Undated photo of James Ward Packard. In earlier photos, he had a mustache.
James Packard, co-founder of the Packard Motor Company, a pioneering American automaker, died at the age of 64 on 20 March 1928. The Packard brothers founded the company that produced some of the world’s finest automobiles. The brothers are probably spinning in their graves at the marque’s inglorious end. During Packard’s glory years, to drive a Packard was to say that one had truly arrived. Packard became one of the most prestigious marques in the world. Packards were driven by movie stars, heads of state and business titans. In a move that enabled the company to survive the Depression, the marque was taken down market and the brand was cheapened. Modern Monday Morning Quarterbacks make the case that Packard likely could have saved itself by following the Mercedes-Benz model where both lesser and more noble cars are offered, while skillfully marketing the more upscale cars as the umbrella providing prestige to the lesser cars. But those what-ifs change nothing and the marque founded by the Packard brothers is gone. Attempts to revive Packard over the years have all failed.
James Ward Packard was born in Warren, Ohio, on 5 November 1863. He graduated from Lehigh University in 1884 with a mechanical engineering degree. In 1890, Packard and his older brother William Doud Packard (1861-1923) founded the Packard Electric Company in Warren where they manufactured electric light bulbs and other electrical equipment, including electric cables. As the auto industry grew, aside from the auto operations, Packard manufactured spark plug wire sets marketed under the brand Packard Cable. Packard Cable was later bought by General Motors. Until very recently, a look at the spark plug wires under the hood of any GM car revealed the name “Packard Cable”.
James Packard bought a Winton automobile. He wasn’t satisfied with it and suggested improvements to its builder, Alexander Winton. Winton didn’t take kindly to Packard’s suggestions and told him that if he thought he could build a better car, then, by all means, go do it. Packard took Winton up on his challenge and in 1899, the Packards built their first vehicle.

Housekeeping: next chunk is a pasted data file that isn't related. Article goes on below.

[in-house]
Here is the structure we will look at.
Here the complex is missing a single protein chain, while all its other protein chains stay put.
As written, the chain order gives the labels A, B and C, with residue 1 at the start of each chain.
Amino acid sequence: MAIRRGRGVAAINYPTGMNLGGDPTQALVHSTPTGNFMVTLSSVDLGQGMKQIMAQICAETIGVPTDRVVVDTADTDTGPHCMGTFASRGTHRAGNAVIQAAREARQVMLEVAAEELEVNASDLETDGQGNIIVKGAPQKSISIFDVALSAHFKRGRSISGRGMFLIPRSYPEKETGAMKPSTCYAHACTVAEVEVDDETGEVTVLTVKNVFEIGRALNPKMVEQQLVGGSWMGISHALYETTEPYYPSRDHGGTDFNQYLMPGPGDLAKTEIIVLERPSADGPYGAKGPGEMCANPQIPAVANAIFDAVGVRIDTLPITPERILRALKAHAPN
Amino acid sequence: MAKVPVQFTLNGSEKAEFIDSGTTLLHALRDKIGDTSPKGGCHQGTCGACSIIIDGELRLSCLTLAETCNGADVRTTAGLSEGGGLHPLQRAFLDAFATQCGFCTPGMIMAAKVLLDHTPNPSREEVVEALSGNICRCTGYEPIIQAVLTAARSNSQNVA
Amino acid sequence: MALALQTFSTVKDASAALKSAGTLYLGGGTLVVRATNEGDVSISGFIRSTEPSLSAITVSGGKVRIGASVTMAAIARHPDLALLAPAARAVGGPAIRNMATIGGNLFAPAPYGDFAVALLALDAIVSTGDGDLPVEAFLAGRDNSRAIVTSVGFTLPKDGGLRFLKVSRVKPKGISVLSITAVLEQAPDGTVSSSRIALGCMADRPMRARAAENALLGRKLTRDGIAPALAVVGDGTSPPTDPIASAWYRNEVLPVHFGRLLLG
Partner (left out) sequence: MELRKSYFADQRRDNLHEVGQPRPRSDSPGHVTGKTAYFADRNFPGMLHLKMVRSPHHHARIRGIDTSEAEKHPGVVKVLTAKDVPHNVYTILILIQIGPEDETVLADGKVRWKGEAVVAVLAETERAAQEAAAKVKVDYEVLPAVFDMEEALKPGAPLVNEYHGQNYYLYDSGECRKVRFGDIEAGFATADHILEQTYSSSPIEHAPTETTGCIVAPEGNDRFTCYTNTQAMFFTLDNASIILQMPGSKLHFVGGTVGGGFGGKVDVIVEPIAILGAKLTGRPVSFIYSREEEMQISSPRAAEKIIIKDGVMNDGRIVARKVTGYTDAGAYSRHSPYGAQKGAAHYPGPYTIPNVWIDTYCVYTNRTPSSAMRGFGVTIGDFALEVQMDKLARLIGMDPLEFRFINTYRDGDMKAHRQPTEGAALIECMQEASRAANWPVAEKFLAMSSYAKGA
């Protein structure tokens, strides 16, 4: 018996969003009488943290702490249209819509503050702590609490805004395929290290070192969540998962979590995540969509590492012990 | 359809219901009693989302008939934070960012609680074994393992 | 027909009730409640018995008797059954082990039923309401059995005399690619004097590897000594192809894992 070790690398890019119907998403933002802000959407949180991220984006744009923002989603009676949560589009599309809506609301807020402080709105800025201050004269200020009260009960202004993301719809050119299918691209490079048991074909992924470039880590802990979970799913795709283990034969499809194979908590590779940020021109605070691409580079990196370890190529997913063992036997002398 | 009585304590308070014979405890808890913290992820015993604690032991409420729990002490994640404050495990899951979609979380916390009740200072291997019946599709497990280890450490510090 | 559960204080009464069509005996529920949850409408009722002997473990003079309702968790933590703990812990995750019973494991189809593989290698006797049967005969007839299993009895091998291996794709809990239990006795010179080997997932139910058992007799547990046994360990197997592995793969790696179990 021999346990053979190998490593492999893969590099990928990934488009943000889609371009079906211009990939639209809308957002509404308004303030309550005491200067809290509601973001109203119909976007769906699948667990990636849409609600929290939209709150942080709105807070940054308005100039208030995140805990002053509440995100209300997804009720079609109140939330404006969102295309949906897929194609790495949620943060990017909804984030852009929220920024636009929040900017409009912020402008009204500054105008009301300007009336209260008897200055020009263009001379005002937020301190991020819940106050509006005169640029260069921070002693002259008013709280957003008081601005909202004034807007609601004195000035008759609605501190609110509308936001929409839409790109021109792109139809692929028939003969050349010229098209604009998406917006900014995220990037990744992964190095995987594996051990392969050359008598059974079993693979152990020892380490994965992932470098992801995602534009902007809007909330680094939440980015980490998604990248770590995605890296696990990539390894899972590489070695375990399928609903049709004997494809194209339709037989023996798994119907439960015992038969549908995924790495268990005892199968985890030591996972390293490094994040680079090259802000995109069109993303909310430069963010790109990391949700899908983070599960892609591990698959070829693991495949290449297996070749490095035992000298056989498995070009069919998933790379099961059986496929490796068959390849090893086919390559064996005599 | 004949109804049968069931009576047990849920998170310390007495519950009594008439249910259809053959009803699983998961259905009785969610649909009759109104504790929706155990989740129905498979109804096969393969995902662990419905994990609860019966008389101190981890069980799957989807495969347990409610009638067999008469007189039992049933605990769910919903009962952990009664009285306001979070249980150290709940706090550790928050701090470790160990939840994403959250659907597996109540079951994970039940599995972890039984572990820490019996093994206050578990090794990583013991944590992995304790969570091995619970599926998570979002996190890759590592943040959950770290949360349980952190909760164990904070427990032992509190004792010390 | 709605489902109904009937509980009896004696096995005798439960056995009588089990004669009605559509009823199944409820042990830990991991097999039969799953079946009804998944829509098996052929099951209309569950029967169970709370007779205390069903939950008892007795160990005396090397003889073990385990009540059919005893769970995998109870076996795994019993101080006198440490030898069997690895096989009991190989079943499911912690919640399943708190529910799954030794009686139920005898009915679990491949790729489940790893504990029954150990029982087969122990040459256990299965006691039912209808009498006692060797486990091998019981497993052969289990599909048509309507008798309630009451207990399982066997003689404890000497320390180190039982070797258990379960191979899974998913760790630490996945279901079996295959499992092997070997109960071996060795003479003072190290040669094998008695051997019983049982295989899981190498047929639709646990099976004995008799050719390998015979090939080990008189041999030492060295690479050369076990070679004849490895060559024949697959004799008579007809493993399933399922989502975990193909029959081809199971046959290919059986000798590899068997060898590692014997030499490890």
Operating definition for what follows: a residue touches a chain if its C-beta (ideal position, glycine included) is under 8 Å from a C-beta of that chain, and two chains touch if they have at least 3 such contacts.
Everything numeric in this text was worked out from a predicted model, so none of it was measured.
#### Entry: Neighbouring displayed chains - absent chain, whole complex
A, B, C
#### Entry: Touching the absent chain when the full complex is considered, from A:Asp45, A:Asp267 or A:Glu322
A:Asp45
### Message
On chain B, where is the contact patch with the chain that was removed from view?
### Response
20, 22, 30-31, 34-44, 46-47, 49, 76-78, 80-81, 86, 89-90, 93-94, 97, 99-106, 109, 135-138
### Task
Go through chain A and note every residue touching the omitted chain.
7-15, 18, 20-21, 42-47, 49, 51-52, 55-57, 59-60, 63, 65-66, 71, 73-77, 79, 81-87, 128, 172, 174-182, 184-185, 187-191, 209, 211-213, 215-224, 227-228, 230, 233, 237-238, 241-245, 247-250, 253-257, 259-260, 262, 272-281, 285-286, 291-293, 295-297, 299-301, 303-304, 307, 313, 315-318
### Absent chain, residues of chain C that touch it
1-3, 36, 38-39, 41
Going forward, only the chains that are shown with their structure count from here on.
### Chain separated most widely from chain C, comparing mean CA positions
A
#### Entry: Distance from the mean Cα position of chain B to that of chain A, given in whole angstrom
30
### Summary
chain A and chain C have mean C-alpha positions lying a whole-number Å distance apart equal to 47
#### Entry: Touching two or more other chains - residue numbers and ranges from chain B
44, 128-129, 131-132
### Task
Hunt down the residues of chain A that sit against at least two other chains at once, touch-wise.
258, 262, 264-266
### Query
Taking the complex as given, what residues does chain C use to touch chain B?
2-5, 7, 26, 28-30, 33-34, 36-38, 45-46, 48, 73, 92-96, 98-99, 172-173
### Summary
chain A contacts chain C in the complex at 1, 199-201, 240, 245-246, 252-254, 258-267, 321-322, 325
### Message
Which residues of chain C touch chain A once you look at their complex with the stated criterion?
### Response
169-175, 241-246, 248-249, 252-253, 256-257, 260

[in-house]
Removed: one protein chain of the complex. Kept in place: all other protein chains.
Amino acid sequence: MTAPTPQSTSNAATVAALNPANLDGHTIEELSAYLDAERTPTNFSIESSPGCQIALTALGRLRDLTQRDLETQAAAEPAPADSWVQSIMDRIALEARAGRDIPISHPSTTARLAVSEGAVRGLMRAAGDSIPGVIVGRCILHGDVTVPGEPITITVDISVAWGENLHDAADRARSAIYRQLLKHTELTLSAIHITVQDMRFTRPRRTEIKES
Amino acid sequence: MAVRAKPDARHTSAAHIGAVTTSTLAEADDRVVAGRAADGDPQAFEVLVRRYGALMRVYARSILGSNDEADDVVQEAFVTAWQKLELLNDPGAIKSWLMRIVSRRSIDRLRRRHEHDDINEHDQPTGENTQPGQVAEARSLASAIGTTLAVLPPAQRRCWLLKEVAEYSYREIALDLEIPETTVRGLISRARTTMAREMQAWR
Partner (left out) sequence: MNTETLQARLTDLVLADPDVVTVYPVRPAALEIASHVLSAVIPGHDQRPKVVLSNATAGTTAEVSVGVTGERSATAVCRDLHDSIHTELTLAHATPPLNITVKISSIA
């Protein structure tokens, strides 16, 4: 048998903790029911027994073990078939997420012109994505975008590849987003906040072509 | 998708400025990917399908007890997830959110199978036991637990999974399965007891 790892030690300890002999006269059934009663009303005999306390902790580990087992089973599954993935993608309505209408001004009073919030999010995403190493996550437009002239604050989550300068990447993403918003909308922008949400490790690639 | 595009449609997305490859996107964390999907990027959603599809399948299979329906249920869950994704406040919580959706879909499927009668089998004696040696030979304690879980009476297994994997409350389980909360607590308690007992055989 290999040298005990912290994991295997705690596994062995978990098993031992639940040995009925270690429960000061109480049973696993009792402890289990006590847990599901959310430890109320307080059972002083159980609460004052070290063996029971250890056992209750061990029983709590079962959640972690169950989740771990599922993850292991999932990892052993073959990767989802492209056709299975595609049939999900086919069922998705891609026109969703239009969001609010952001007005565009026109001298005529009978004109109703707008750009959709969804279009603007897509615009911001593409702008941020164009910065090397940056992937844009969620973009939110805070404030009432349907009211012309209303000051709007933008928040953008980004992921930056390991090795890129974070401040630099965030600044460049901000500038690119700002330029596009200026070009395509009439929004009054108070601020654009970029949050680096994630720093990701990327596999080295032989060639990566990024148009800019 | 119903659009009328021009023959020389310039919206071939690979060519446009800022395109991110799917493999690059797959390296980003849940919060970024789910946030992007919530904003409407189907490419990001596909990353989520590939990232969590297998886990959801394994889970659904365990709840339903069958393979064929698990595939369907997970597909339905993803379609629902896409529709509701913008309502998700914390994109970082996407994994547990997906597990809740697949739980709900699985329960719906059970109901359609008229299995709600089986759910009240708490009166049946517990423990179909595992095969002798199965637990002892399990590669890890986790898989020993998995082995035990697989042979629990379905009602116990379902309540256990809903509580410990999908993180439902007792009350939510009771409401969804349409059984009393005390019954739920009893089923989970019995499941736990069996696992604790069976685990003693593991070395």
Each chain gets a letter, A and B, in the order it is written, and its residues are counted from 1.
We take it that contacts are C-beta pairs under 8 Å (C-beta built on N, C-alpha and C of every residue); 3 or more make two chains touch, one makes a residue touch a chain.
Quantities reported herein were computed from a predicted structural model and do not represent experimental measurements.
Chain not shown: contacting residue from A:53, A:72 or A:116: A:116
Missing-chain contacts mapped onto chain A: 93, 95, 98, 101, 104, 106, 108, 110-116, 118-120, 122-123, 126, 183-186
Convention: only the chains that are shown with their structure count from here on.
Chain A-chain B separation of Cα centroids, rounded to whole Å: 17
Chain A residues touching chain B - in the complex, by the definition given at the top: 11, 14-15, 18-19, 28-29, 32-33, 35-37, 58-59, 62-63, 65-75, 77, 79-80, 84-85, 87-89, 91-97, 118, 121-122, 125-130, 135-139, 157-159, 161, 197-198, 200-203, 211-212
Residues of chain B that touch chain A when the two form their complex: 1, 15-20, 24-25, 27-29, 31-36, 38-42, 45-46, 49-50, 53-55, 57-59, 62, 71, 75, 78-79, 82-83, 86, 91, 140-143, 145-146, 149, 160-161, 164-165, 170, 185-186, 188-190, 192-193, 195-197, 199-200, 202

James Ward Packard driving his first Packard car, 1899
Correction per Stuart Blond (Thank you, Stuart!): “The photo showing “James Ward Packard driving his first Packard car, 1899” is actually his brother, W.D. Packard driving his 1900 Packard model A-21, the first car completed in 1900 and the second Packard built. It was used as a test vehicle in April and May 1900 before W.D. took it over as his personal car. This information comes from Terry Martin’s book, ‘Packard – The Warren Years.’ “
The first Packard is single-cylinder, single-seat roadster. I used the present rather than past tense in the previous sentence because the first Packard still exists and runs! Packard went on to build four more examples of this first series of cars.
Above: Packard “Old Number One.” Below: “Old Number One” being driven on the campus of James Ward Packard’s alma mater, Lehigh University, in 1930.
In 1903, the Packard Motor Car Company moved its operations from Ohio to a 3.5 million-square-foot plant in Detroit, Michigan. The new plant was designed by Albert Kahn. At the same time engineer Charles Schmidt redesigned the new 1904 Packard after taking a trip to Europe that year to learn of the European automaker’s methods. He observed the more advanced and refined cars there and put into practice much of what he learned in the new car. His efforts resulted in the new Model L touring car, the first four-cylinder Packard and also the first with the tombstone-shaped and vertical style radiator that went on to become a Packard trademark.
1904 Packard Model L – the first use of what became Packard’s iconic grille shape.
James Packard served as the company’s president until 1909 and was chairman of the board until 1915. By the mid-1920s, his initial investment of several thousand dollars in the company was reportedly worth millions and the Packard brand had come to represent quality and style. In March 1921, Warren G. Harding, reportedly the first U.S. president who knew how to drive before taking office, became the first commander-in-chief ever to ride to his inauguration in an automobile–a Packard Twin Six.
President Warren Harding in a Packard Twin-Six